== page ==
- By Bob Nellis
Mayo Clinic Experts Advise Caution with New Cholesterol Drugs- PCSK-9 Inhibitors
In a viewpoint released today in The Journal of the American Medical Association Cardiovascular Special Issue, Mayo Clinic endocrinologists and researchers are warning against the “premature and widespread adoption” of a new type of drug that reduces cholesterol, PCSK-9 inhibitors. They argue that little is known about their long-term safety and efficacy on outcomes that matter to patients. Given the long track record of efficacy and safety and the low cost of statins, they think that it is premature to adopt PCSK-9 inhibitors as alternatives to statins.
The Food and Drug Administration has recently approved the new class of drugs for patients with high LDL-cholesterol who also have familial hypercholesterolemia or with clinical cardiovascular disease who are seeking secondary prevention or cannot tolerate statins. The Mayo experts are predicting four situations that will fuel abandoning statins in favor of the PCSK-9 inhibitors:
- Patients who have muscle problems or other symptoms suggestive of statin intolerance.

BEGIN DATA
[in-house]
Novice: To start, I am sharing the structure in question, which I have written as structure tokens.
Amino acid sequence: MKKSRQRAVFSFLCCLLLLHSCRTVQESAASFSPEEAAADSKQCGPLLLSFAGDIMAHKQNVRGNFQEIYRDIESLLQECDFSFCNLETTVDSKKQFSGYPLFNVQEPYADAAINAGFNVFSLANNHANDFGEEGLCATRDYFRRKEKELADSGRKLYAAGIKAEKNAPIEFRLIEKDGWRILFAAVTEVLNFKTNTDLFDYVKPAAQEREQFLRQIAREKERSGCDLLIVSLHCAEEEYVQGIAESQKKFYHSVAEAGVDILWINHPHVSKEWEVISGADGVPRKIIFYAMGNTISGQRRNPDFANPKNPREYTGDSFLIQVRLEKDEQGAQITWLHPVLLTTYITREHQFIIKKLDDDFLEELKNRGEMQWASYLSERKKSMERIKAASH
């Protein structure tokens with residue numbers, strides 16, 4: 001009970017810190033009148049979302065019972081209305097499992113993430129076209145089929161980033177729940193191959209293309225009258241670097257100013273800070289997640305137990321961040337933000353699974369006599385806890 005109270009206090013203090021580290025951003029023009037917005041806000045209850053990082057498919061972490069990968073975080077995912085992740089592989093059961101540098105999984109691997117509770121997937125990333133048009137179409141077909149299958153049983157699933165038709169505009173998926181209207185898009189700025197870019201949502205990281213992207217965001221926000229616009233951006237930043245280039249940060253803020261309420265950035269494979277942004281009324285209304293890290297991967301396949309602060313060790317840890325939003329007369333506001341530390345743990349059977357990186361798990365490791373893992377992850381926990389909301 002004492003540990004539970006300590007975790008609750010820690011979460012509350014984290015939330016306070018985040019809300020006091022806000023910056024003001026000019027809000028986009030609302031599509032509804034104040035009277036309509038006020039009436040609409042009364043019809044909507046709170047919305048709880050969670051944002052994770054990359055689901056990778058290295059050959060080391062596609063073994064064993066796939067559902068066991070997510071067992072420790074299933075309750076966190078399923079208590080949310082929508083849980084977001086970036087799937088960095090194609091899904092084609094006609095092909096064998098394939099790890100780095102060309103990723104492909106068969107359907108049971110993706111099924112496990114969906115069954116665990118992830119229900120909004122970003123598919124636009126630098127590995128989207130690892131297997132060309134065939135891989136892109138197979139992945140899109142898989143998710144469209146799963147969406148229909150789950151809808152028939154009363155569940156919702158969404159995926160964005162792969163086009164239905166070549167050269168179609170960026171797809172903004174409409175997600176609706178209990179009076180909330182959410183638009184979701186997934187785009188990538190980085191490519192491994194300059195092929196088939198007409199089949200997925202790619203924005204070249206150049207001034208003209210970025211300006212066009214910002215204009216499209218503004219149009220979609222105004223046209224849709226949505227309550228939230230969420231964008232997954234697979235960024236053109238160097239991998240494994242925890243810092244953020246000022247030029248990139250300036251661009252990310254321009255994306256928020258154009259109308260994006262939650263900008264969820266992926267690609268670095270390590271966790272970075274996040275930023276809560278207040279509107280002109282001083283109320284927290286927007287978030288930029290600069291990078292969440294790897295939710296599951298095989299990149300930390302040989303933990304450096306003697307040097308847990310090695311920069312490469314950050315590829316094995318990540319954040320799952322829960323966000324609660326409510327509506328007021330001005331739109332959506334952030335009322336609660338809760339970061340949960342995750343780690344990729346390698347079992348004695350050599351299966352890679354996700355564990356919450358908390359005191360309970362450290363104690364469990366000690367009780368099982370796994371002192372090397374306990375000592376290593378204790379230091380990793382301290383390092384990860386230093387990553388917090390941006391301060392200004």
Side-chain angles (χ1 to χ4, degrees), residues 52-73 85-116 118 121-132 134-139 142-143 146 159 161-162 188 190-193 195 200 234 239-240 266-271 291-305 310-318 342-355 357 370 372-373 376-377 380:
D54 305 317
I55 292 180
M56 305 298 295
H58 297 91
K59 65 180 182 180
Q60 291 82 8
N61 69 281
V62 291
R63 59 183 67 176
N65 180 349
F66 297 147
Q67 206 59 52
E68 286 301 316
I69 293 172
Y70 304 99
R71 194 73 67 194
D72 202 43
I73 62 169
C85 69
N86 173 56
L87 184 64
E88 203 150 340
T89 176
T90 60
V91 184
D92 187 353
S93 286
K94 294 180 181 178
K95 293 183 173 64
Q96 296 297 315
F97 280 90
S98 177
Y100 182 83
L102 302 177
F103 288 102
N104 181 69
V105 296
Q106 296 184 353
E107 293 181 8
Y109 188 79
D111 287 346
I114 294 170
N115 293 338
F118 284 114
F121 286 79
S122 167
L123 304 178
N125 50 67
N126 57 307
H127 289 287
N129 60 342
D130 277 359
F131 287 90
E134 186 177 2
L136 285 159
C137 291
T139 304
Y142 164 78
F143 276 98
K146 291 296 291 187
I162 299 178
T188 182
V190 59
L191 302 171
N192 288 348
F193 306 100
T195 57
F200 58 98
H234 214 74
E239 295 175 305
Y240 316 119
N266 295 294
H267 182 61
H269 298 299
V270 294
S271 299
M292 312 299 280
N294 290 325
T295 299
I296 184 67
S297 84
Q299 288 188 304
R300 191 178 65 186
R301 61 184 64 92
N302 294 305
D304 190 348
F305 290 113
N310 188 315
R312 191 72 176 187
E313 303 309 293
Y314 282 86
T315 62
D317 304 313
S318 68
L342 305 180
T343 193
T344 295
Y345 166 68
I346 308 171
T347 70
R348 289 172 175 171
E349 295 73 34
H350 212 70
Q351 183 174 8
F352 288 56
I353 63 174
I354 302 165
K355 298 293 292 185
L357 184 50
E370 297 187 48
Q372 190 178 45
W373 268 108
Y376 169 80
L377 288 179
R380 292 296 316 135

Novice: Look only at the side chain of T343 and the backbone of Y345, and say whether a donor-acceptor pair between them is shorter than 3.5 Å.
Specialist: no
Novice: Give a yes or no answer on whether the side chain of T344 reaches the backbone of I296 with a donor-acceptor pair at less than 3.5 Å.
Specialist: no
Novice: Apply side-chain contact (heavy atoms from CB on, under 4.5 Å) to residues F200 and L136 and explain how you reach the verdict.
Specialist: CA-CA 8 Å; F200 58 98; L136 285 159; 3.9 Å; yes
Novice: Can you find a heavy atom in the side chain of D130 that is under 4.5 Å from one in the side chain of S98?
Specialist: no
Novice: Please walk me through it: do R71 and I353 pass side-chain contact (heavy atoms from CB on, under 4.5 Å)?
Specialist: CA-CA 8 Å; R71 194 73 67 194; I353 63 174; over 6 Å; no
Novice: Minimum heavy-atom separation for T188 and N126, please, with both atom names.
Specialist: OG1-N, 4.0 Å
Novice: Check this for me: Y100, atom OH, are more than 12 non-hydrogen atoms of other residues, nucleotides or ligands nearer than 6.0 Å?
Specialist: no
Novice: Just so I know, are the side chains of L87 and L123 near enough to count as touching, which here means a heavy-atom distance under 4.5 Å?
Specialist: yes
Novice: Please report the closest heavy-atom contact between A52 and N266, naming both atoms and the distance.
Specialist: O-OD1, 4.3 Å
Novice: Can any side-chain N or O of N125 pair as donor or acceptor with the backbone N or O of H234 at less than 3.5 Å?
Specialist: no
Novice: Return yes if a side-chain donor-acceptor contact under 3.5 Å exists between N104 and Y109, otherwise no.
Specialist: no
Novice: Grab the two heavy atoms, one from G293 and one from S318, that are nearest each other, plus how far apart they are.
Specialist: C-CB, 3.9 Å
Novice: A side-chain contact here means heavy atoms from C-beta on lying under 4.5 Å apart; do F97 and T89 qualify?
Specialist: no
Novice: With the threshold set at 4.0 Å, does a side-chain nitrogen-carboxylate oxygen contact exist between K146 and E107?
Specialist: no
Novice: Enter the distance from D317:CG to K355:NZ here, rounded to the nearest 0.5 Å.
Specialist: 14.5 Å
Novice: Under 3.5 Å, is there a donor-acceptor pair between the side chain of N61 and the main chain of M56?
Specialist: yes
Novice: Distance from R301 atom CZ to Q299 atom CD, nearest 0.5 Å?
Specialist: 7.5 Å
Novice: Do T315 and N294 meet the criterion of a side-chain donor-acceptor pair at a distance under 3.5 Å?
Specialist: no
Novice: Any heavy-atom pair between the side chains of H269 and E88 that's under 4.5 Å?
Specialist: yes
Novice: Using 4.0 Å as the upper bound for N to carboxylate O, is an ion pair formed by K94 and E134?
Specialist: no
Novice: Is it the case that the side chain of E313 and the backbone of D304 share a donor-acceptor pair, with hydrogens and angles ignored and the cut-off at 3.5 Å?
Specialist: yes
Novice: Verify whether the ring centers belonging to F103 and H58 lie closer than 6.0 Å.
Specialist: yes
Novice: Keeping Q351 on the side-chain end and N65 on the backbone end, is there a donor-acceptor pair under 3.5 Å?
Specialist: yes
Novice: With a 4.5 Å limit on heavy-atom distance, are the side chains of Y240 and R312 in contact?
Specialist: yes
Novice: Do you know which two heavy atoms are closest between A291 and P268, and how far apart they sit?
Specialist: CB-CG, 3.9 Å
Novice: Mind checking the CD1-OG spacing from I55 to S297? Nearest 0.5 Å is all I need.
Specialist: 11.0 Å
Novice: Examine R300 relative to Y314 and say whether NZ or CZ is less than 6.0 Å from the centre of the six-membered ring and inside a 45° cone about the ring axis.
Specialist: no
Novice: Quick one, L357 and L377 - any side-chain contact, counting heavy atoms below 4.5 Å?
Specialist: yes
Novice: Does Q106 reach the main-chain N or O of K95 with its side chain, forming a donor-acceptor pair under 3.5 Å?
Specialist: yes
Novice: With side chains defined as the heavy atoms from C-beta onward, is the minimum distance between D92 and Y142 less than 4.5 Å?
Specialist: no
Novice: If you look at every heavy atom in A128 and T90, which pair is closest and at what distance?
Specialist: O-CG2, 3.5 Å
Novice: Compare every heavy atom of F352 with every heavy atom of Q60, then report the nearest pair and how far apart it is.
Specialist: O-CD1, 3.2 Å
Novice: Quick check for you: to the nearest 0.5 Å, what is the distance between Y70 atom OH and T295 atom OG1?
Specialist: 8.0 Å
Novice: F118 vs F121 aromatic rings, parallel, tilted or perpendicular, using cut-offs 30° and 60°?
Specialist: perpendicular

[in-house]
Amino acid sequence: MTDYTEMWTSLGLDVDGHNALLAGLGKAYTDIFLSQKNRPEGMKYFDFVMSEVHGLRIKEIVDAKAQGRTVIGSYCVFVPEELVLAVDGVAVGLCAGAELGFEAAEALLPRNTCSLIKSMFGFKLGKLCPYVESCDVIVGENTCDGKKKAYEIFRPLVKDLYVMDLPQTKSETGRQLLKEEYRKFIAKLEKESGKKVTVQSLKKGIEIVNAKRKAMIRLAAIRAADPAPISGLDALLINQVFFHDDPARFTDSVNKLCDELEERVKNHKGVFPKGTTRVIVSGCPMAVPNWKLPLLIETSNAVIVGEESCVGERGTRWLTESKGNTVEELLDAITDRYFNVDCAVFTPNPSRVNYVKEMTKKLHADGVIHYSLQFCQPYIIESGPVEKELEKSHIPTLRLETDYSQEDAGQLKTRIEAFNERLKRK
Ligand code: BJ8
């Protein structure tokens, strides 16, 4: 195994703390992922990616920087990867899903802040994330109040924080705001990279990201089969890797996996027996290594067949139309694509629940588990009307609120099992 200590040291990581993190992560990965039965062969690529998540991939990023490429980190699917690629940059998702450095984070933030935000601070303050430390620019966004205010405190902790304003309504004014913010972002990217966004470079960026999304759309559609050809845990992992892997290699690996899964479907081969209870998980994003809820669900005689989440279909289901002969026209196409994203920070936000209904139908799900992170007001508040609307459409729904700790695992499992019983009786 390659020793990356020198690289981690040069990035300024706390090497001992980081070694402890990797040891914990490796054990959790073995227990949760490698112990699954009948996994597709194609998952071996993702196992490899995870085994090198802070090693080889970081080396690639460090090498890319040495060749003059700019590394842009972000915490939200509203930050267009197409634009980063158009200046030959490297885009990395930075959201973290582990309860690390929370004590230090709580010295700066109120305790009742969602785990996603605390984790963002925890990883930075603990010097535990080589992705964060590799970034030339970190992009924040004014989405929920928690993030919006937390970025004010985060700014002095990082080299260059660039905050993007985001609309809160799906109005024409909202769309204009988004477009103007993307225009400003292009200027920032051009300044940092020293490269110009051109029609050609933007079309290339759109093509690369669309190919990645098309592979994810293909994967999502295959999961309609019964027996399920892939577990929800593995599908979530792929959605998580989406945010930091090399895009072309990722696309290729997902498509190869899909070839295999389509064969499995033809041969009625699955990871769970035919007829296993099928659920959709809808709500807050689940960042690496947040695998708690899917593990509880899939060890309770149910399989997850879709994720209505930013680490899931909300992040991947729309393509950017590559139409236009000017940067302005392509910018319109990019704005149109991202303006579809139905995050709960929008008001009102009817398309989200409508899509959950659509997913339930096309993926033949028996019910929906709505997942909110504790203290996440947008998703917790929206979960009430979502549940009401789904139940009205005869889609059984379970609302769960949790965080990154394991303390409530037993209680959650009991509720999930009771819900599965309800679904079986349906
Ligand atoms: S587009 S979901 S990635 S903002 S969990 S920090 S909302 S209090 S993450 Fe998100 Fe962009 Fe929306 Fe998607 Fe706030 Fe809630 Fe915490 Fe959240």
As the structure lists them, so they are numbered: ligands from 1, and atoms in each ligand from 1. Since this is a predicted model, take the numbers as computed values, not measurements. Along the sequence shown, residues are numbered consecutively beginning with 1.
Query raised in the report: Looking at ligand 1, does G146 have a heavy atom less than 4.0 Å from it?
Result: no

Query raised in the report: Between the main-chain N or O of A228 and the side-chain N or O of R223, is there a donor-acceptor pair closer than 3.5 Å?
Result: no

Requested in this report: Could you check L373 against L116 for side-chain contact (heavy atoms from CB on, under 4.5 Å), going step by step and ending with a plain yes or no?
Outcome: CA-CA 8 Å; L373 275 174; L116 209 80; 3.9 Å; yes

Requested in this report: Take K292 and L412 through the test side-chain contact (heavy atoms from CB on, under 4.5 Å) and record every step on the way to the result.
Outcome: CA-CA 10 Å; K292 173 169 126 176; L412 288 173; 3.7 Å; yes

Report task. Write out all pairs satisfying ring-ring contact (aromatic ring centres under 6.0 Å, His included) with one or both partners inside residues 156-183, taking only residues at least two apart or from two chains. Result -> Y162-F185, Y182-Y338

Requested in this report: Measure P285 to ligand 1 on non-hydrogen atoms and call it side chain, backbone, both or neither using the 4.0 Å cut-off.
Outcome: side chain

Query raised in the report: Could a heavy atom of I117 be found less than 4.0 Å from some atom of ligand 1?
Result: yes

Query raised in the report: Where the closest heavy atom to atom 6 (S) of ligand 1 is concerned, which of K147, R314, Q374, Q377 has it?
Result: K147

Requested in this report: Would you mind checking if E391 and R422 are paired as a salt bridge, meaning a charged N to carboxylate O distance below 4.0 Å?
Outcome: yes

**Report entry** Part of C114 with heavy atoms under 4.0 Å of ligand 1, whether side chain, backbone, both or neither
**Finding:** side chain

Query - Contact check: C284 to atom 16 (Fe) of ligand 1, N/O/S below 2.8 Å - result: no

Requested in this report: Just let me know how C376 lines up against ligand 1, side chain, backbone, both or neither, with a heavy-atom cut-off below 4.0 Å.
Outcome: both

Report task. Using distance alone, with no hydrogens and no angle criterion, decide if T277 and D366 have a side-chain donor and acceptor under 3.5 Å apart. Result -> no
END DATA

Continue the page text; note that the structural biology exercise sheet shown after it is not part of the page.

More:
- Patients who have a heart attack or a stroke while using a statin.
- Patients who may not to be taking statins every day.
- Patients who have cholesterol levels that remain high despite statins.
Media Contact: Bob Nellis, Mayo Clinic Public Affairs,
Journalists: Sound bites with Drs. Montori and Rodriguez-Gutierrez are available in the downloads.
In each of these cases, switching from statins to PCSK-9 inhibitor – agents that can be used once-a-week, are 280 times more expensive than generics, and that can achieve reductions in cholesterol levels of more than 50 percent - may leave patients unprotected given that we do not yet know that these drugs reduce the risk of heart attacks or strokes.
The message to physicians: Use caution and prescribe proven and safe, such as statins, while waiting for more evidence about the impact of PCSK-9 inhibitors on the risk of heart attacks and strokes. If necessary, discuss the uncertainty about their impact on important outcomes with patients before prescribing them.
The message to patients: Talk with your clinician about this and any new drug or treatment to determine if using it addresses your situation. New drugs do not necessarily work or work better than existing alternatives. It is possible that these new drugs in fact are highly effective in preventing heart attacks and strokes, but the point is that we do not know that yet. Be cautious.